Laryngitis

laryngitis treatment

Many have experienced the two most common symptoms of laryngitis- hoarseness or voice loss.  

These symptoms occur as a result of an inflammation of the larynx which contains our vocal cords.  When our vocals cords are inflamed they become swollen, distorting the sounds made by the air passing through them.

Additional signs and symptoms of laryngitis can include a dry cough, sore throat, low-grade fever, itchy throat or swollen glands.

Most cases of laryngitis are temporary or acute and are caused by overusing our voices, viral infections such as the cold or bacterial infections such as diphtheria. Symptoms typically last for a few days.

The best treatments for acute laryngitis involve self-care.  It is recommended that you rest your voice, drink plenty of fluids, use humidifiers or menthol inhalers and gargle with warm, salt water. You should avoid whispering, dry or smoky rooms, decongestants, spicy foods, alcoholic beverages and caffeine.

Laryngitis can be also become chronic or long-term.  Symptoms lasts more than three weeks and can be brought on by bulimia, smoking, alcohol abuse, GERD (acid reflux), constant exposure to polluted air or second-hand smoke, excessive coughing, sinus disease, injury to the throat or cancer.

Treatments for chronic laryngitis are aimed at treating underlying issues. For instance, doctors may recommend a change in diet in cases in which chronic laryngitis is caused by GERD. If caused by exposure to polluted air, doctors may recommend wearing protective gear.  Medications such as antihistamines, antibiotics, pain relievers or glucocorticosteroids may also be prescribed based on the cause of symptoms.

If you are experiencing the symptoms of laryngitis for more than three weeks, you should see a doctor. Medical attention must be sought immediately if you are having difficulty breathing, coughing up blood, have increased pain or a fever that will not subside. To schedule an appointment with a doctor at Jamaica Hospital Medical Center, please call 718-206-7001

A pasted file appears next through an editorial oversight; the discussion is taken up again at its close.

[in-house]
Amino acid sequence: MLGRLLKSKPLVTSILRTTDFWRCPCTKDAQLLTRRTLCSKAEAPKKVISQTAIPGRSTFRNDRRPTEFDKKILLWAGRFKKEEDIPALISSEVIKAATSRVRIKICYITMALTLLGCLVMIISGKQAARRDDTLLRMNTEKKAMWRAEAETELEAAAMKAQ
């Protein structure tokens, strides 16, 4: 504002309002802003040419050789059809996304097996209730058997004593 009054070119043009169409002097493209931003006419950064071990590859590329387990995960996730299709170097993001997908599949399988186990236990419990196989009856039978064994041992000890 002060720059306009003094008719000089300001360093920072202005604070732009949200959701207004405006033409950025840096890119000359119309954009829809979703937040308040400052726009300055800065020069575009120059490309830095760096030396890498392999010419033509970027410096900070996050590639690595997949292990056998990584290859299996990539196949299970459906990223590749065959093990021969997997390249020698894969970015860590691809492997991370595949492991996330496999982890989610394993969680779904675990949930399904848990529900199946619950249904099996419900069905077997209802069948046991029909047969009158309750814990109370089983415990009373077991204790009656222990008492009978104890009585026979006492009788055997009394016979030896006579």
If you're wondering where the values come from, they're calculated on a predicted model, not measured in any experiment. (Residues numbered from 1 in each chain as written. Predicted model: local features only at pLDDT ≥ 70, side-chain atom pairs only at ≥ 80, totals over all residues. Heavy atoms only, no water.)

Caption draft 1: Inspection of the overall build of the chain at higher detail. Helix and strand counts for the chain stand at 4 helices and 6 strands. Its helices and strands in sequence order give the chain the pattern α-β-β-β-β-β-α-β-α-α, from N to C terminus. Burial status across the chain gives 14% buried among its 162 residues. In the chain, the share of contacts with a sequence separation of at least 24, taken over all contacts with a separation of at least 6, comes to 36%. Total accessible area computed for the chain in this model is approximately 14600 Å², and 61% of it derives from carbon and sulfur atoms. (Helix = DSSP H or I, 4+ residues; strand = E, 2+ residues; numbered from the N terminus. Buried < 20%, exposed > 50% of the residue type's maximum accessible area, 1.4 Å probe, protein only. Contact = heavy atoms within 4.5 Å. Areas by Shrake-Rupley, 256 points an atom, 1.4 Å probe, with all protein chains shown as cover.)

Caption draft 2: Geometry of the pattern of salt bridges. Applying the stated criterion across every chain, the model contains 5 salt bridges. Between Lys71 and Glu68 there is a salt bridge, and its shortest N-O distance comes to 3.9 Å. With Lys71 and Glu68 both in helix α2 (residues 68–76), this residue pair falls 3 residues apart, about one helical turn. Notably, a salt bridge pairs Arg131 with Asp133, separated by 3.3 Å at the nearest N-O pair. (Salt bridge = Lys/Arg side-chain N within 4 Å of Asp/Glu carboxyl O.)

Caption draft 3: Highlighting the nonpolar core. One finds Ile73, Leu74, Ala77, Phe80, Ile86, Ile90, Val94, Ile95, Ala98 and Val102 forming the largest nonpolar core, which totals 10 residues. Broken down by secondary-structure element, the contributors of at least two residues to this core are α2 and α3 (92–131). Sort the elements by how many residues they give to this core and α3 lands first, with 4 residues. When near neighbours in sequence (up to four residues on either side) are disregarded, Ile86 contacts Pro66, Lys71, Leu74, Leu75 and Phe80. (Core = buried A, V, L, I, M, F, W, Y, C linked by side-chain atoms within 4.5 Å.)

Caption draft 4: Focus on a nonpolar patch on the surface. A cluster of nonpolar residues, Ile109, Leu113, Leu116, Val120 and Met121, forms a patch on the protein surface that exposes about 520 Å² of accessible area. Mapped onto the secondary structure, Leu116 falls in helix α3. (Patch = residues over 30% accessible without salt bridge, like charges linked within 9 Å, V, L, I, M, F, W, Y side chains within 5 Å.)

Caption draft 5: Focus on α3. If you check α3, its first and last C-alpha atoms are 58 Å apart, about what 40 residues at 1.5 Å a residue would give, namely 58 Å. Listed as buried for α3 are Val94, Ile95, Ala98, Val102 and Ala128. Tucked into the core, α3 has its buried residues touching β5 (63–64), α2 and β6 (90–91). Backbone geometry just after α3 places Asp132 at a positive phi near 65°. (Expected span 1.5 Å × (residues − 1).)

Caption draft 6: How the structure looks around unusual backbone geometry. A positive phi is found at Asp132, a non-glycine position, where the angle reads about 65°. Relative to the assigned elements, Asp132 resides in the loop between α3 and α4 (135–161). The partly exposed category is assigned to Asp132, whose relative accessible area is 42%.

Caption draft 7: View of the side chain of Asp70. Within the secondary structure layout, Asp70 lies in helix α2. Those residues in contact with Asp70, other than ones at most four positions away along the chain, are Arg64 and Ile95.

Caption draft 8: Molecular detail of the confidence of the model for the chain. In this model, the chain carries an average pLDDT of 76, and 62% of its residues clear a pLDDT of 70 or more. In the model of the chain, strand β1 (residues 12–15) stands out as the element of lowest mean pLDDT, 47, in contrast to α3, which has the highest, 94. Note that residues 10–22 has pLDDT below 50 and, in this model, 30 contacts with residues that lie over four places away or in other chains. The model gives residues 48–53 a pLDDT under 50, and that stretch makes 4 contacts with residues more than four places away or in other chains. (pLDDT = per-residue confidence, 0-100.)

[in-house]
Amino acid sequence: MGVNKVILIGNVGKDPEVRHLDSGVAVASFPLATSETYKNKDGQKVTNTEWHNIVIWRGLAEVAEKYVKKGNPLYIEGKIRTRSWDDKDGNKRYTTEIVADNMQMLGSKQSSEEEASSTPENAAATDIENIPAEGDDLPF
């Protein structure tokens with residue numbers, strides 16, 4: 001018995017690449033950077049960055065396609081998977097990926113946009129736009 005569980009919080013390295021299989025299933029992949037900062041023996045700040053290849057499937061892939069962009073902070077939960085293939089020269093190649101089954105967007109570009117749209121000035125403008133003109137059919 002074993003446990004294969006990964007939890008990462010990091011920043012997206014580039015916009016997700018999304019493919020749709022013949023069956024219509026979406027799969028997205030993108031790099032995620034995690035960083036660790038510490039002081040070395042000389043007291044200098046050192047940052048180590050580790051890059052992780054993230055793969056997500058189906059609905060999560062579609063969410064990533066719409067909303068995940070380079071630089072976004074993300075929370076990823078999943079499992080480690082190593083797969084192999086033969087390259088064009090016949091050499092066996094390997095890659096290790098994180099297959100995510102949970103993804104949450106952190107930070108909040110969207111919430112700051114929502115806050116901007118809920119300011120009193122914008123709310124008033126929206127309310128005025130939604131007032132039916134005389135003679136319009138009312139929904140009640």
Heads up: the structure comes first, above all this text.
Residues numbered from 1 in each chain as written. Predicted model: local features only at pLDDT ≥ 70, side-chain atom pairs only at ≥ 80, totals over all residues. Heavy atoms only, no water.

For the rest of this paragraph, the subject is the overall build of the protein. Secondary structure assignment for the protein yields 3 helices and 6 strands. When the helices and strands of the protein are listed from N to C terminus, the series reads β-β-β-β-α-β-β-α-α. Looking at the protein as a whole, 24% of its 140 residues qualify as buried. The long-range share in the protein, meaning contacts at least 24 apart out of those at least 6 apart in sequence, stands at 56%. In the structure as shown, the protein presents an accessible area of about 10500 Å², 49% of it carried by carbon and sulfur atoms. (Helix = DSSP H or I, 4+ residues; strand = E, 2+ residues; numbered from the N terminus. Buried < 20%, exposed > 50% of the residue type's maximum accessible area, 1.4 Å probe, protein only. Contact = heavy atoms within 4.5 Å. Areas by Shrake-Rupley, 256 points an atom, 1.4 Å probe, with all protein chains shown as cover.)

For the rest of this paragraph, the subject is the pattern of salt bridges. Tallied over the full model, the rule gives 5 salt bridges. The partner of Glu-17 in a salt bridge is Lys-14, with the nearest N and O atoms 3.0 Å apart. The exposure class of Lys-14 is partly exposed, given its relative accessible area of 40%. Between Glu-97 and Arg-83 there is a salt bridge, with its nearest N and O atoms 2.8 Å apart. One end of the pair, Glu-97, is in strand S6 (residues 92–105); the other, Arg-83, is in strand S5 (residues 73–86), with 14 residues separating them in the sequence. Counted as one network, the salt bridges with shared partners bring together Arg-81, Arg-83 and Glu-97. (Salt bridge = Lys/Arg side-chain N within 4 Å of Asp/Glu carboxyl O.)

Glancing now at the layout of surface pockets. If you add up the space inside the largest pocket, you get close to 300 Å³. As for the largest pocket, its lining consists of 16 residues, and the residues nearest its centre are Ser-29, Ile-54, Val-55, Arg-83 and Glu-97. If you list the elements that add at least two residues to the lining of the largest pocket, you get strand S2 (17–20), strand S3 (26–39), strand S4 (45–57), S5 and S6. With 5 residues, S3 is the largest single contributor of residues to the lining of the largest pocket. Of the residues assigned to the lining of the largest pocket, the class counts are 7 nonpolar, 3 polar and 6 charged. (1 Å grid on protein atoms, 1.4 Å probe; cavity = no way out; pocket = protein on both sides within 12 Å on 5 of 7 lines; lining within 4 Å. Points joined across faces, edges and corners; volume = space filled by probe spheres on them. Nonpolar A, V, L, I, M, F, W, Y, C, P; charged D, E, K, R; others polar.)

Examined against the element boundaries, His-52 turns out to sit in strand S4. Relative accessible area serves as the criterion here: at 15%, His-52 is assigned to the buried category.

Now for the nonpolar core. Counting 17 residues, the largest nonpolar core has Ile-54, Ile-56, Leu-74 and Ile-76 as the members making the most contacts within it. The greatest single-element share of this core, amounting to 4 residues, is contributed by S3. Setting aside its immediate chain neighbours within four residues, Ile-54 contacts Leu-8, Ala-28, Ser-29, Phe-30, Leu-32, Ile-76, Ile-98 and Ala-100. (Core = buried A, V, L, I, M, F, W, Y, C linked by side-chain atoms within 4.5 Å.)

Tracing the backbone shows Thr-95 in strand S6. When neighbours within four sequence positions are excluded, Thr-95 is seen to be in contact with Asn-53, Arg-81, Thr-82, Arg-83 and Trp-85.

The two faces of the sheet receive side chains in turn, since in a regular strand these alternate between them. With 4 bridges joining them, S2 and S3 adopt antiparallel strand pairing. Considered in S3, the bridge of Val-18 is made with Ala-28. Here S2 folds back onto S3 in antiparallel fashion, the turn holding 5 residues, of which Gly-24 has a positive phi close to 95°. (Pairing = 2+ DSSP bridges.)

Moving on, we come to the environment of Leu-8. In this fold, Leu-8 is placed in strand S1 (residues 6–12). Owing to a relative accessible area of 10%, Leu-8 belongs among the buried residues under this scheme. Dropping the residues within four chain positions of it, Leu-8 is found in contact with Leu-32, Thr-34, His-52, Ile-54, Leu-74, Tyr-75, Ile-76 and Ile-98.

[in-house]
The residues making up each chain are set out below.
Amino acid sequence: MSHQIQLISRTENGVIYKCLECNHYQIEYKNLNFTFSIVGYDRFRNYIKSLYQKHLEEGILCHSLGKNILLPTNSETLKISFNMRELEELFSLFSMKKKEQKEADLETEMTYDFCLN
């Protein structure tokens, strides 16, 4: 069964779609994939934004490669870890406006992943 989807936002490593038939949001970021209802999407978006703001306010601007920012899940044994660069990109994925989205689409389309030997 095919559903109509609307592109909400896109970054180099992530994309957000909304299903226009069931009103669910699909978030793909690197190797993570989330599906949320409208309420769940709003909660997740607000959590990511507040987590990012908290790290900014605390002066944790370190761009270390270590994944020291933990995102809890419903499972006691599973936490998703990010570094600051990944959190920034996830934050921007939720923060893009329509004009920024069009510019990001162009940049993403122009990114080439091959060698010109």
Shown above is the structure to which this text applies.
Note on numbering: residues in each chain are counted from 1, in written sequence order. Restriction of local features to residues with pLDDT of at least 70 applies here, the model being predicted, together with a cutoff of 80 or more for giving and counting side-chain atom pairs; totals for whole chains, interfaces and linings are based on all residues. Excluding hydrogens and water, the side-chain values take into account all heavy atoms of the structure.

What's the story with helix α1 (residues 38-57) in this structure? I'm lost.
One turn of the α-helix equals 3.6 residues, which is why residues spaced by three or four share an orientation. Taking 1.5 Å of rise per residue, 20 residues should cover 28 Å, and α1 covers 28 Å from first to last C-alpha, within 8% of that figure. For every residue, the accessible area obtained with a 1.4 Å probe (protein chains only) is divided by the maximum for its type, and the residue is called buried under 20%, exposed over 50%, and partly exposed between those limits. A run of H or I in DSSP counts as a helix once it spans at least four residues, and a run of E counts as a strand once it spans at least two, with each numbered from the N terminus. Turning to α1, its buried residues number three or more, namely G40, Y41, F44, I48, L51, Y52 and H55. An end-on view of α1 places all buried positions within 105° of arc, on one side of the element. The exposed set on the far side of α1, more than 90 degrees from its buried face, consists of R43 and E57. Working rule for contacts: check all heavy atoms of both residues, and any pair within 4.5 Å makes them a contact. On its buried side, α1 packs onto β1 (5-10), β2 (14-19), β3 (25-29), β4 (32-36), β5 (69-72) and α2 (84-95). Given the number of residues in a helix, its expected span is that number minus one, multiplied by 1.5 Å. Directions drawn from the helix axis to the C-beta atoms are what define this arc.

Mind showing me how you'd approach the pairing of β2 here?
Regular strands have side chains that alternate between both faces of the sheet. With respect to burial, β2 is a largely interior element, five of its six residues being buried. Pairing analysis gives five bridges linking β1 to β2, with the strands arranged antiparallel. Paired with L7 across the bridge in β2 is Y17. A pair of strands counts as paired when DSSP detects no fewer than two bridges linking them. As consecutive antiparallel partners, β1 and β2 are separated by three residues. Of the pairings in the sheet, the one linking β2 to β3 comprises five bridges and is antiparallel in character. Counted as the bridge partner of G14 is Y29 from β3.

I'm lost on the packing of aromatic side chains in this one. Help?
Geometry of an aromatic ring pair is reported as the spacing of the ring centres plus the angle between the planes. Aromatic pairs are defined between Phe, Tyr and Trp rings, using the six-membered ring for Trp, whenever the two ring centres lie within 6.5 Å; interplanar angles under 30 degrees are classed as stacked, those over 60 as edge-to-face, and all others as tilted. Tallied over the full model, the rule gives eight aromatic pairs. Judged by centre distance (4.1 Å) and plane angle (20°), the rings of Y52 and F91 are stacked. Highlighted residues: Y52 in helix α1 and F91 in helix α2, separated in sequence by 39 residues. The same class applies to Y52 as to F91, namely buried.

All content of this newsletter is intended for general information purposes only and is not intended or implied to be a substitute for professional medical advice, diagnosis or treatment. Please consult a medical professional before adopting any of the suggestions on this page. You must never disregard professional medical advice or delay seeking medical treatment based upon any content of this newsletter. PROMPTLY CONSULT YOUR PHYSICIAN OR CALL 911 IF YOU BELIEVE YOU HAVE A MEDICAL EMERGENCY.

Fever Facts

Fever symptoms

Winter is the most common time of year for someone to develop a fever. With that in mind, Jamaica Hospital Medical Center wants to provide you with the following fever facts.

A fever is a temporary increase in your body’s normal temperature range, (36–37° Centigrade or 98–100° Fahrenheit).

Symptoms associated with a fever may include:

  • Sweating
  • Chills and shivering
  • Headaches
  • Muscle aches
  • Loss of appetite
  • Dehydration
  • General weakness and lethargy
  • Increased sensitivity to pain

While the reason most often associated with developing a fever is an infection
(viral or bacterial), there are other potential causes, including:

  • Heat exhaustion
  • Dehydration
  • Certain inflammatory conditions such as rheumatoid arthritis
  • Side effect resulting from certain medications
  • Reaction to certain immunizations
  • Alcohol or drug withdrawal
  • A malignant tumor
  • Sunburn

There are many different types of thermometers that can be used to determine if a fever is present, including an oral (mouth), tympanic (ear) or temporal artery (forehead) type of thermometer. However, when taking an infant’s temperature, it is best to use a rectal thermometer.